Cairo, Egypt – Hunger and malnutrition have reached critical levels in the Arab region as access to basic foods has been affected by the COVID-19 pandemic and the war in Ukraine, according to a United Nations report released today.
Produced by the Food and Agriculture Organization of the United Nations (FAO), the International Fund for Agriculture Development (IFAD),the World Food Programme (WFP), the World Health Organizations (WHO), the United Nations Children’s Fund (UNICEF), and the United Nations Economic and Social Commission for Western Asia (ESCWA), the 2022 Near East and North Africa Regional Overview of Food Security and Nutrition: Trade as an Enabler for Food Security and Nutrition, examines the state of regional food security, providing analysis and recommendations on how to mitigate the situation.
The report reveals that an estimated 53.9 million people suffered from severe food insecurity in the Arab region in 2021, accounting for a 55 percent increase since 2010. This is also an increase of 5 million people from the previous year. Moderate or severe food insecurity has also continued its upward trend, affecting an estimated 154.3 million people in 2021, an increase of 11.6 million people over the previous year, the report also warned.
In addition, it stated that more than half the population in the Arab States, or 162.7 million people, could not afford a healthy diet in 2020. The cost of a healthy diet in the Arab region has been increasing each year since 2017, reaching $3.47 per person per day in 2020.
The Arab region continues to suffer from multiple forms of malnutrition. While the prevalence of stunting (1) of 20.5 percent and affecting one out of every five children under 5 years of age was lower than the global average, the report indicates that the regional indicators for wasting (2), 7.8 percent, is higher than the global average of 6.7 percent. The prevalence of overweight among children under 5 years of age has shown a steady increase since 2000 and has reached 10.7percent in 2020.
In addition, the report highlights that the latest available estimates show that 28.8 percent of the adult population (18 years and above) of the Arab region was obese, which is more than double the global average.
While the Arab region was already off-track from achieving zero hunger and nutrition-related Sustainable Development Goal (SDG) targets, the pandemic and the war in Ukraine have exacerbated the situation by creating disruptions in supply chains and inflating the prices of grains, fertilizers and energy. Since the region depends heavily on imported food to meet its food security requirements, these crises have affected Arab countries disproportionately and aggravated food insecurity and malnutrition in the region.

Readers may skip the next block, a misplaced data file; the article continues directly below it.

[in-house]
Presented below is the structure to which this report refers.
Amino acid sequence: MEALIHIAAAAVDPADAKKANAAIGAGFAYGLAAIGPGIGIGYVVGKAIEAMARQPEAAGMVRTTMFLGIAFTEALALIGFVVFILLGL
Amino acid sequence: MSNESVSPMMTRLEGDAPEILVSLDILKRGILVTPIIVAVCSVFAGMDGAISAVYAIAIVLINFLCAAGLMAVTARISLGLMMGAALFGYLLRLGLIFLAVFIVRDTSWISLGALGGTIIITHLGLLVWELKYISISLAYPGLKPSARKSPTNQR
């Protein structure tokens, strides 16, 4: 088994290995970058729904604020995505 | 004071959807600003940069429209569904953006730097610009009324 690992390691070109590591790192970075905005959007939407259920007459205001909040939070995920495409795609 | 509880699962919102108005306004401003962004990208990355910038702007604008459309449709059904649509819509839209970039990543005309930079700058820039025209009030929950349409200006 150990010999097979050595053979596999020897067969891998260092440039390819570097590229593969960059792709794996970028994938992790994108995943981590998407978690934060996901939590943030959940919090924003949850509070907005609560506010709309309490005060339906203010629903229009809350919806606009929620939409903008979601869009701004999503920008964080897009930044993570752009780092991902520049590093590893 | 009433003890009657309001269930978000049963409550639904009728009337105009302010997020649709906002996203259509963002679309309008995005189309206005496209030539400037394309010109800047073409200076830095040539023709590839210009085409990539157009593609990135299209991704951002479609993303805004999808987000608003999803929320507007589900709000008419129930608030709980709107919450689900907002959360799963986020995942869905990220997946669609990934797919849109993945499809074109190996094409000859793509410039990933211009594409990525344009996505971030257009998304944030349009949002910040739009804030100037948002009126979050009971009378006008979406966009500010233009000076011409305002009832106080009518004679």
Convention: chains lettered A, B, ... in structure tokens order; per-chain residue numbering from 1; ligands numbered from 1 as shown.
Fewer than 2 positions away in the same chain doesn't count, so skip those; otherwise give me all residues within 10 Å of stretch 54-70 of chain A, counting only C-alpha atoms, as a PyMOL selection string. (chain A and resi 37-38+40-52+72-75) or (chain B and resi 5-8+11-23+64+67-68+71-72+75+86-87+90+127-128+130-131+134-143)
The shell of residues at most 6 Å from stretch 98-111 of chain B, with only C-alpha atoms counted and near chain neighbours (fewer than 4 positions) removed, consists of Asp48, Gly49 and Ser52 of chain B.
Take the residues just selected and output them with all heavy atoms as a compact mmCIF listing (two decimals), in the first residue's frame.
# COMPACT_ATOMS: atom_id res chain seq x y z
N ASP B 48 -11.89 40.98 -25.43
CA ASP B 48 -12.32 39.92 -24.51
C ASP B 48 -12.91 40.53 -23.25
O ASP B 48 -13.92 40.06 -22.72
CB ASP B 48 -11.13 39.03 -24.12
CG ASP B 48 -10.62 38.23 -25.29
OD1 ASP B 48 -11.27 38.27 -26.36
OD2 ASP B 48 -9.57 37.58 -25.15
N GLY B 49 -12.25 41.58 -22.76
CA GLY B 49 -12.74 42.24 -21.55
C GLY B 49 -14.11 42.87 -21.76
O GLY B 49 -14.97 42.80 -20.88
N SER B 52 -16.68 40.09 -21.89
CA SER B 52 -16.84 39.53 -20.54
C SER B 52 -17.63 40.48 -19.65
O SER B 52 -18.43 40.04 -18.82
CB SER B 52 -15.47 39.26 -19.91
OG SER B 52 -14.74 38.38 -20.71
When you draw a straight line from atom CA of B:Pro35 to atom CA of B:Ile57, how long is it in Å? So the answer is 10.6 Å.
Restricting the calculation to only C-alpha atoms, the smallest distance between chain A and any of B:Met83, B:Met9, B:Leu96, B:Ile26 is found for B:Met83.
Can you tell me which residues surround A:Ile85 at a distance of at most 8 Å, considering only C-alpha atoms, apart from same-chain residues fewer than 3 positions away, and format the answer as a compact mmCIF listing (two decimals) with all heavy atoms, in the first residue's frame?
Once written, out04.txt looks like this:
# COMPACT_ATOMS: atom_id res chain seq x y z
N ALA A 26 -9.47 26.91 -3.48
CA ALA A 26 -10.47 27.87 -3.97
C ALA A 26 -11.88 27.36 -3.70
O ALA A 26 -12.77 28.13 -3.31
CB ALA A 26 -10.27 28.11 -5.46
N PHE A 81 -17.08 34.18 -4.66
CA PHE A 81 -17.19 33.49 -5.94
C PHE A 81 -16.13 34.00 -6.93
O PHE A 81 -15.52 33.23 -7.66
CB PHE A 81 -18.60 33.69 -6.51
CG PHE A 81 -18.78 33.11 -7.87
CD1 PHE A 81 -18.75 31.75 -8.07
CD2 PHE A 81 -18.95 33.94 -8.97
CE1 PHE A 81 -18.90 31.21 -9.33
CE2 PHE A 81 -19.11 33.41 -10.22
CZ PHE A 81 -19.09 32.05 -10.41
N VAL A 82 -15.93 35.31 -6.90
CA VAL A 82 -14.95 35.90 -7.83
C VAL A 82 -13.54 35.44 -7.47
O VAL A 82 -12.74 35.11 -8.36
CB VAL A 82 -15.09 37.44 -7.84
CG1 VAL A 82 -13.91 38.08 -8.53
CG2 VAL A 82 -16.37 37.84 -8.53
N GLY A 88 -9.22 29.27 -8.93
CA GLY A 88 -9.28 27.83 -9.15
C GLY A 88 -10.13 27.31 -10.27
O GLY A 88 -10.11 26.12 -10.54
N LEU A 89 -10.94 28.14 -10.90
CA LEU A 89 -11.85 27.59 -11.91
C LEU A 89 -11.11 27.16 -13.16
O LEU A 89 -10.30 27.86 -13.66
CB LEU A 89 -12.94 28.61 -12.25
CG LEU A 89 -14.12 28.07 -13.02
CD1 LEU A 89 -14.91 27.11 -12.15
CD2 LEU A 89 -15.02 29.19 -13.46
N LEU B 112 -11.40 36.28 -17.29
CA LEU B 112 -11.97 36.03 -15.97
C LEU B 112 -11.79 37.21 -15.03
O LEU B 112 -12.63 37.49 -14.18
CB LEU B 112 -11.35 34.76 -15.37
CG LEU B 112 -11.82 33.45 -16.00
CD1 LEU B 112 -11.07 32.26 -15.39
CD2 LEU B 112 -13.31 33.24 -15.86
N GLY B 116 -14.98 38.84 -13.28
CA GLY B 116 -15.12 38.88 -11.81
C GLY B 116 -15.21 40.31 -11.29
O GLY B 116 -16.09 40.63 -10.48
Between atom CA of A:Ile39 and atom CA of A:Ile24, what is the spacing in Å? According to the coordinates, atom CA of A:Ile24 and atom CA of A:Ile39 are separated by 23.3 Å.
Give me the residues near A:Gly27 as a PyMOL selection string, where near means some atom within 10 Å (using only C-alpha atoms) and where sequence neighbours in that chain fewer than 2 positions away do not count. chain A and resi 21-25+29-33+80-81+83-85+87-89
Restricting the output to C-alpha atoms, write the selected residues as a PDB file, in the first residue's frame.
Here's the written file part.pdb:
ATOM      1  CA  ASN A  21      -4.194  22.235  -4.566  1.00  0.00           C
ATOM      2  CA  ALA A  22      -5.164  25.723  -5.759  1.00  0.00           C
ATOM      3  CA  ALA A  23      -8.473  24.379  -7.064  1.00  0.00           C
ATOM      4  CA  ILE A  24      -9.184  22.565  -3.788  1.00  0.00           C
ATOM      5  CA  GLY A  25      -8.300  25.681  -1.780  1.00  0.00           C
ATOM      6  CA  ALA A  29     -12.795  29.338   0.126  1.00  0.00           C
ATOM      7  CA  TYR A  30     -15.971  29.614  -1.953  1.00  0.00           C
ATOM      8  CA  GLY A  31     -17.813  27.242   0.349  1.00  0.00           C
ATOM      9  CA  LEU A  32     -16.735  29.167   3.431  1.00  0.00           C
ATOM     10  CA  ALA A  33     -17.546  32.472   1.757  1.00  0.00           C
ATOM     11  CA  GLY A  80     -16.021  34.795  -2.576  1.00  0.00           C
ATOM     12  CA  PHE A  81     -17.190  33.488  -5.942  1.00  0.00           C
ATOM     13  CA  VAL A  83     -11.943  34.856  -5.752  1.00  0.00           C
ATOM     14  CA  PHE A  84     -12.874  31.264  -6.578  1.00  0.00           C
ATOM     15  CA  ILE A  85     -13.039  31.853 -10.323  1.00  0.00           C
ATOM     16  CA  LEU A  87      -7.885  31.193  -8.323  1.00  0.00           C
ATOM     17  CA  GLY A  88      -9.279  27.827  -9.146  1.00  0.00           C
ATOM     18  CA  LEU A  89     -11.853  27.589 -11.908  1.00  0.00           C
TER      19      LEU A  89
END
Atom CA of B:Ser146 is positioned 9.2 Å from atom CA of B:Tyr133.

In addition to these global events, climate change, conflicts and structural issues such as poverty and inequality add to the burden of achieving food security and improved nutrition in the region. Therefore, the UN partners have concluded that the Arab region is unlikely to achieve zero hunger (SDG 2) by 2030.
The Overview highlights that trade is an essential enabler to ensure all four dimensions of food security and nutrition (availability, access, utilization, and stability) by increasing the quantity and variety of food and decreasing its price for net-food importing countries. However, most of the countries in the region have not mainstreamed trade into food security policies; thus, relevant policies must be redesigned accordingly and agrifood systems in the area must be transformed to make them more efficient, inclusive, resilient and sustainable.
The report recommends that policymakers should focus on policies facilitating food trade such as reducing trade barriers, developing new free trade areas, promoting digital technologies, reducing non-tariff barriers, harmonizing regulatory practices, strengthening governance, and promoting collaboration and coherence among countries and the global community.
International trade is not only vital for the availability of food, but it plays a major role in enhancing technology through knowledge spillovers that can increase productivity, improve employment opportunities and raise incomes, highlights the report.
The Overview also calls on Arab countries to leverage intra-regional trade and rely more on each other’s capacities as regional trade helps reduce food shortages during normal agricultural production cycles and provides an important mechanism to address production shortfalls or supply chain disruptions caused by adverse and unforeseeable global events.
In this United Nations Decade of Action on Nutrition 2016-2025, completing the ambitious development agenda requires accelerated action to end hunger and eliminate malnutrition in all its forms by ensuring that sufficient quantities of safe, nutritious and affordable foods are available to all. Therefore, the Arab region must improve agrifood systems to deliver food security and better nutrition for all, to be economically sustainable, to be inclusive, and to have a positive impact on the climate and the environment.
The main findings of the report were launched today at an event in Cairo. The full report is available online here. Notes:
(1) Stunting is the impaired growth and development that children experience from poor nutrition, repeated infection, and inadequate psychosocial stimulation. Children are defined as stunted if their height-for-age is more than two standard deviations below the WHO Child Growth Standards median.
(2) According to WHO, Wasting is defined as low weight-for-height. It often indicates recent and severe weight loss, although it can also persist for a long time. It usually occurs when a person has not had food of adequate quality and quantity and/or they have had frequent or prolonged illnesses.